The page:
When Annie Pootoogook won the Sobey Art Award in 2006, she cracked the glass ceiling for Inuit art, securing its place in contemporary Canadian art discourse and establishing herself as an artist of international importance. Her achievement sparked critical discussion around contemporary art as well as the absence, and growing presence, of Inuit art: an important conversation that continues to this day.
The life and death of Annie Pootoogook is a story of national significance. The complex narratives weaving through her short life speak to possibility and heartbreak, truth and reconciliation, the richness of community, and the depths of tragedy. These complexities are recorded in her arresting pencil crayon compositions. Her frank, sometimes challenging, sometimes amusing images of everyday life, acutely observed and marked by a linear control as taut as a wire, declare her as a major contributor to the landscape of contemporary Inuit art.
Annie Pootoogook: Cutting Ice accompanies an exhibition organized by the McMichael Canadian Art Collection, the gallery of record for works on paper from Annie Pootoogook’s Inuit community of Kinngait (Cape Dorset). Under the direction of Nancy Campbell, this publication and the exhibition serve to commemorate the life and work of a remarkable artist a year after her tragically early death.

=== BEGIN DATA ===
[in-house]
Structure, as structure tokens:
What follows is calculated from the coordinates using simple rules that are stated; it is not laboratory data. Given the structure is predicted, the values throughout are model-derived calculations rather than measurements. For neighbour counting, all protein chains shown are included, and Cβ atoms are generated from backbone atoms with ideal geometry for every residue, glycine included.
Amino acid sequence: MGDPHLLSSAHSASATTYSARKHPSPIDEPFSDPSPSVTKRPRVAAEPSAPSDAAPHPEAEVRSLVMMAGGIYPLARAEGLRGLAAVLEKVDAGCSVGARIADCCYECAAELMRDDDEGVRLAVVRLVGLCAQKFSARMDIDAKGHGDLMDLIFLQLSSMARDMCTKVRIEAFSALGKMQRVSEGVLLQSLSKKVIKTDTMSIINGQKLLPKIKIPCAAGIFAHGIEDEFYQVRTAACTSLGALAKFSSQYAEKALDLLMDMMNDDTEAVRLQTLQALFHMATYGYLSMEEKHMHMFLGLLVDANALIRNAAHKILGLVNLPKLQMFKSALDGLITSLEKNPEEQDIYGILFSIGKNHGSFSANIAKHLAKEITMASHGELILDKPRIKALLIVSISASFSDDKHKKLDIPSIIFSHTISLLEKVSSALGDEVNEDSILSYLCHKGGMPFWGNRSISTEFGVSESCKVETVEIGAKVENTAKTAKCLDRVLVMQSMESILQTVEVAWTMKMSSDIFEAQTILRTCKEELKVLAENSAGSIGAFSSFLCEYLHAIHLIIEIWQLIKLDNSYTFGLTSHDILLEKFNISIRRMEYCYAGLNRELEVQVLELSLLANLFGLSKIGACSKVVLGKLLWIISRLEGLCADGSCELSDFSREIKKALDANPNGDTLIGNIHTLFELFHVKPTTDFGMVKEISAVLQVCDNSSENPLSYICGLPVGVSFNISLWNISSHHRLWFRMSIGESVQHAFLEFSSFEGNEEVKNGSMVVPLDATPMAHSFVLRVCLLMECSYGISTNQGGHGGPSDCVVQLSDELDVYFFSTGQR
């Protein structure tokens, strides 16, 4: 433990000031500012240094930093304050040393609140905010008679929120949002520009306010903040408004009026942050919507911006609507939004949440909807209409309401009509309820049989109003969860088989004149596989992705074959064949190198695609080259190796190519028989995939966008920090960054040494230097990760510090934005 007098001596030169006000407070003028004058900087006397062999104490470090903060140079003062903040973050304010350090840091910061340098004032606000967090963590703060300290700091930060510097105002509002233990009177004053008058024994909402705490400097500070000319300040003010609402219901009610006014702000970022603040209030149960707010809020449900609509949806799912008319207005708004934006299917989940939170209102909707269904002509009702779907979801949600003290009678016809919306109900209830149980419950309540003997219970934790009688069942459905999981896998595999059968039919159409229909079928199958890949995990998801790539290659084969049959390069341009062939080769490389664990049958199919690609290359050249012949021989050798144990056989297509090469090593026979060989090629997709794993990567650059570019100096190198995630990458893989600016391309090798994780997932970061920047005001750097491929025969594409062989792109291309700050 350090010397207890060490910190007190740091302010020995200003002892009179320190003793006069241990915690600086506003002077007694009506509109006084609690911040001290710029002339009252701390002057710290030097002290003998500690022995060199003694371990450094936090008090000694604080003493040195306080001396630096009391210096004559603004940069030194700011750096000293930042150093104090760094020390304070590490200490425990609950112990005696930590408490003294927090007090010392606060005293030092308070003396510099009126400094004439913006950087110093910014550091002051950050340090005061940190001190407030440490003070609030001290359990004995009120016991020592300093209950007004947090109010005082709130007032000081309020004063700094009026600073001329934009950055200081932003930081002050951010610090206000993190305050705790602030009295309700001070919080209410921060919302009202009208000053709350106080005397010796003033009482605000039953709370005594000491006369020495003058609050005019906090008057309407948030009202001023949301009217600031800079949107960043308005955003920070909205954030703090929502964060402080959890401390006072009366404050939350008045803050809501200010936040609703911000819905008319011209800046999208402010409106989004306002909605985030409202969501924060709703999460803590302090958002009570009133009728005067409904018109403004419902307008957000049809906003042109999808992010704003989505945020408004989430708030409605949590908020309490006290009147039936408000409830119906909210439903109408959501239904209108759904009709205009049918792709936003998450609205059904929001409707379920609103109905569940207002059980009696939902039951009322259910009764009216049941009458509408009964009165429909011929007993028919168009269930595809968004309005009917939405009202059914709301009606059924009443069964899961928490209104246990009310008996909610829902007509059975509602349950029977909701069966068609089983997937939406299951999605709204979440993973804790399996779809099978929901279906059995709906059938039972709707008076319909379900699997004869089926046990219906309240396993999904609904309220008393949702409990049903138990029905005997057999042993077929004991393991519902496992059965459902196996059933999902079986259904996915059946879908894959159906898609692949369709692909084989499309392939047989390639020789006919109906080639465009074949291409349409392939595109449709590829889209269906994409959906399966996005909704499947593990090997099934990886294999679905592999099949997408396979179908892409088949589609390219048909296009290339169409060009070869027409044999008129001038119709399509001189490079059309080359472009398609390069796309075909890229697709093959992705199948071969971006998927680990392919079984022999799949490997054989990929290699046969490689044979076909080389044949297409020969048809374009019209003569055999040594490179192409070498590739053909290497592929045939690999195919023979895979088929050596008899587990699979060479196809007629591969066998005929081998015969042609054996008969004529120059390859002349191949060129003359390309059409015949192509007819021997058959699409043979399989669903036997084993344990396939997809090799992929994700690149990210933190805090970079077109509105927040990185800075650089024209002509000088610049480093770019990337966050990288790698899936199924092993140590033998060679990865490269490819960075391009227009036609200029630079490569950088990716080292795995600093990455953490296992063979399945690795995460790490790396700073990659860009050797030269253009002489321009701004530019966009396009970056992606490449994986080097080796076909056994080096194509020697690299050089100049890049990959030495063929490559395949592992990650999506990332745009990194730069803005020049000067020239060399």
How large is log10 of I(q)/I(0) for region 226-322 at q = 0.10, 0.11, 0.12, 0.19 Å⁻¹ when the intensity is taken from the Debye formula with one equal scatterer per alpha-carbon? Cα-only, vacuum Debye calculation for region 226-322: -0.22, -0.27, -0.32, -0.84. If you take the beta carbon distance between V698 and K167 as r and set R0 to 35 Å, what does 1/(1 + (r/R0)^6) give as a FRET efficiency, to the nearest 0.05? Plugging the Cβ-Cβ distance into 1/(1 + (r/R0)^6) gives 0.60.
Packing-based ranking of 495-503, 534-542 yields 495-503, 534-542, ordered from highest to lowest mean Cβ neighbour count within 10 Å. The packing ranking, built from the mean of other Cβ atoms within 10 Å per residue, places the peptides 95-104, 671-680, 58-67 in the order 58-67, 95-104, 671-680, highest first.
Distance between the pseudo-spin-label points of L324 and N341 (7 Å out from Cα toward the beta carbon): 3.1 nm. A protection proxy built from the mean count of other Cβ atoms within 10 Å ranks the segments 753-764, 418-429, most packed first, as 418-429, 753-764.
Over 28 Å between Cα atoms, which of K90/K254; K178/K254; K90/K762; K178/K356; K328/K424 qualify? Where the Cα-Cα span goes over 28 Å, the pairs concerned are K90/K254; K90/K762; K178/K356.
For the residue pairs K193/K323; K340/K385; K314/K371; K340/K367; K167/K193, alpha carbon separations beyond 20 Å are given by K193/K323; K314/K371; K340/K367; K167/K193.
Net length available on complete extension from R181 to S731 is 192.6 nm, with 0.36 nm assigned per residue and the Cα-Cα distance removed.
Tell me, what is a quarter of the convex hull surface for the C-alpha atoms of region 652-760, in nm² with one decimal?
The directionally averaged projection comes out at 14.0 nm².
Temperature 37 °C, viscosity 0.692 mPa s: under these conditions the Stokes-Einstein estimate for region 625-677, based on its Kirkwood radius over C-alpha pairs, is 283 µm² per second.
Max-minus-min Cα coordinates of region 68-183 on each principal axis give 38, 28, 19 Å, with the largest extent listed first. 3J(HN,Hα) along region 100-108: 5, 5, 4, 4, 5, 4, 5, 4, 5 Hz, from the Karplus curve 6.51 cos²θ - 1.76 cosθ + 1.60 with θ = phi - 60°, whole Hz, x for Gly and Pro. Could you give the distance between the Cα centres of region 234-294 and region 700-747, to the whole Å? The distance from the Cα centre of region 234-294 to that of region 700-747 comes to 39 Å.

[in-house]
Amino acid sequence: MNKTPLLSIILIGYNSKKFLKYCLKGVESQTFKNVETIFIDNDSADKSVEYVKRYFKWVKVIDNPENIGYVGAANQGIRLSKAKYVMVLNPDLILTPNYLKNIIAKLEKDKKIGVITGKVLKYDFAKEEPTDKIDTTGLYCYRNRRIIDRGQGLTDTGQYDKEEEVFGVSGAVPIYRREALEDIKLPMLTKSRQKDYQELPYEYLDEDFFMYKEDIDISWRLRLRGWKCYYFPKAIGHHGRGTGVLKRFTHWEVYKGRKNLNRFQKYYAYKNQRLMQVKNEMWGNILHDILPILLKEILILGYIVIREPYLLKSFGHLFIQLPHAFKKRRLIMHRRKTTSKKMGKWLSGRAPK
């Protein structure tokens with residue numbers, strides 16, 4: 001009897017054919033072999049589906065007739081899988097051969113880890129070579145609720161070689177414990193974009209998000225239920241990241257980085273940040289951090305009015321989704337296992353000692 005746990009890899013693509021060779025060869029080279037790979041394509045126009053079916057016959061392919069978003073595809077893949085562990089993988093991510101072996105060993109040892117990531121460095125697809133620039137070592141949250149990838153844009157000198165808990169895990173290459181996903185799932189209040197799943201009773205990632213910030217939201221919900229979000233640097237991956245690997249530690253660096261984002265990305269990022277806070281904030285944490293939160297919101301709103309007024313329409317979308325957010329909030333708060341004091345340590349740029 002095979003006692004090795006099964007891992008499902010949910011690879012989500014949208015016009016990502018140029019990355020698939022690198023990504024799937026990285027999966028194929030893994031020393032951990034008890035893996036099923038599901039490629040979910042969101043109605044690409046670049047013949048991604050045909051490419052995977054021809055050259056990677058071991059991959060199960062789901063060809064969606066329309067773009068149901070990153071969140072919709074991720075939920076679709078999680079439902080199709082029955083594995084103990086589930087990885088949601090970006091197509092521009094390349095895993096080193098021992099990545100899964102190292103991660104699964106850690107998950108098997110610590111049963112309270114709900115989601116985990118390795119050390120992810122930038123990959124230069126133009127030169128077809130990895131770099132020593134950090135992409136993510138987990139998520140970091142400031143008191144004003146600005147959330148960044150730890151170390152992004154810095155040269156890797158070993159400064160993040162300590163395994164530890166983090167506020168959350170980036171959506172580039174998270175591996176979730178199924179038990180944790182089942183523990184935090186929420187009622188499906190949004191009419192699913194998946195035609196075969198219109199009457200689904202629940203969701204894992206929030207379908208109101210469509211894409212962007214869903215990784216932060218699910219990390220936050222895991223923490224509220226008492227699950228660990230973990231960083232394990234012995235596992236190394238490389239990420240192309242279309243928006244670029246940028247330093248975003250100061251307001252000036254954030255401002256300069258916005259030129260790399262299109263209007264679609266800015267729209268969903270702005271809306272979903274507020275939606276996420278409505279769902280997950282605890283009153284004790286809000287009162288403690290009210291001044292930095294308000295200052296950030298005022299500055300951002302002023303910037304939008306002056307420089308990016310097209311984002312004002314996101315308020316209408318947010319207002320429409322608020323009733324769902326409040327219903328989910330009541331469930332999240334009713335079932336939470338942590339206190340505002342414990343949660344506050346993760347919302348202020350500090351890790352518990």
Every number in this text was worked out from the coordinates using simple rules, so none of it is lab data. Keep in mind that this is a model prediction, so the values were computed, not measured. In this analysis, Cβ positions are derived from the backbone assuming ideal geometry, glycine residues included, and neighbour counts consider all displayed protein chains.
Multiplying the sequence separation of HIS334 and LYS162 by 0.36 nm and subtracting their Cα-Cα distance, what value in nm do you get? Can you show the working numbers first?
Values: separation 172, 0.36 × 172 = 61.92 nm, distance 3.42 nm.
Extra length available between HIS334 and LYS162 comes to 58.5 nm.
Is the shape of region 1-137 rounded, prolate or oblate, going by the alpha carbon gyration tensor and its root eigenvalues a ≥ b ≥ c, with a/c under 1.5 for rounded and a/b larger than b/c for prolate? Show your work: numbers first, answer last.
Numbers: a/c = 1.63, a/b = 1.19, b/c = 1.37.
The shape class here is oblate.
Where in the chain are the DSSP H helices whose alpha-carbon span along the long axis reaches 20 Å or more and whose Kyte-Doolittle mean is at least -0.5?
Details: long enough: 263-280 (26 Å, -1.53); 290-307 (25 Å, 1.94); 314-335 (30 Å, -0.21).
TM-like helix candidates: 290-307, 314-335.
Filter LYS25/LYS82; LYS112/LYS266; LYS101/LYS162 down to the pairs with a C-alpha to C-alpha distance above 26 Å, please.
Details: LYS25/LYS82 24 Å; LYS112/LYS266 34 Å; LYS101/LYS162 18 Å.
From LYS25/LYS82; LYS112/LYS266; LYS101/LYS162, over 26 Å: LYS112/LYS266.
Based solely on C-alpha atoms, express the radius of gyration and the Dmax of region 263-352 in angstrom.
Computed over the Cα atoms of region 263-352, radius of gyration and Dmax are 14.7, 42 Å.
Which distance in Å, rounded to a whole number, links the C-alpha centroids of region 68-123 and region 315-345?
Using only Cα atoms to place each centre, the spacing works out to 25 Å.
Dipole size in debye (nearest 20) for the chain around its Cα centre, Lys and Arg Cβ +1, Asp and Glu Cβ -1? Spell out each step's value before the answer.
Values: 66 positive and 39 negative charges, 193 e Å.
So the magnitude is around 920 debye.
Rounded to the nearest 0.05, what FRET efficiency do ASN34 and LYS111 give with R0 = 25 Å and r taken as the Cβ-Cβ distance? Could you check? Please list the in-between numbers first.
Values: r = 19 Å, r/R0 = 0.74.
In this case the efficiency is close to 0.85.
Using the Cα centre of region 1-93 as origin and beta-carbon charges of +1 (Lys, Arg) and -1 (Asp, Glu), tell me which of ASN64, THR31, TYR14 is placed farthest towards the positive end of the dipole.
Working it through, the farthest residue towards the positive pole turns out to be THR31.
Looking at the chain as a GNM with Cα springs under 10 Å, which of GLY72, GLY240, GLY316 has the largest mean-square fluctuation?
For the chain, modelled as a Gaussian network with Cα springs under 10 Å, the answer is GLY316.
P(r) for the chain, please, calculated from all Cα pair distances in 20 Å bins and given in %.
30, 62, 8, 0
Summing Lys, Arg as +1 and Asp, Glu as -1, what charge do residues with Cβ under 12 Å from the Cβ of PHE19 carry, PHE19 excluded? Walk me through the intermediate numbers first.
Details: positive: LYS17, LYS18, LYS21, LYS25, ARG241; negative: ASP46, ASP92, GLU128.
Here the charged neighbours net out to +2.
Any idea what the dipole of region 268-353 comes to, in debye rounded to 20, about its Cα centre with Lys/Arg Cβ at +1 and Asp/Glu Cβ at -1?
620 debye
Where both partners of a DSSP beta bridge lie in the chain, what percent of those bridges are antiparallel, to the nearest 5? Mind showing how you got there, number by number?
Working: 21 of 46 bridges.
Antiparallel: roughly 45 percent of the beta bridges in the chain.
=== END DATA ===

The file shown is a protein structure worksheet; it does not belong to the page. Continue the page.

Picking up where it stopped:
Nancy Campbell is a curator of contemporary Inuit art and has a doctorate from York University. She has produced numerous exhibitions, including he landmark Annie Pootoogook at the Power Plant in Toronto in 2006.
"The book not only celebrates the work of Pootoogook, but also examines it in the context of truth and reconciliation, colonization and cultural globalization."
— Lynn Saxberg
— Janyce Boynton, Collage Artist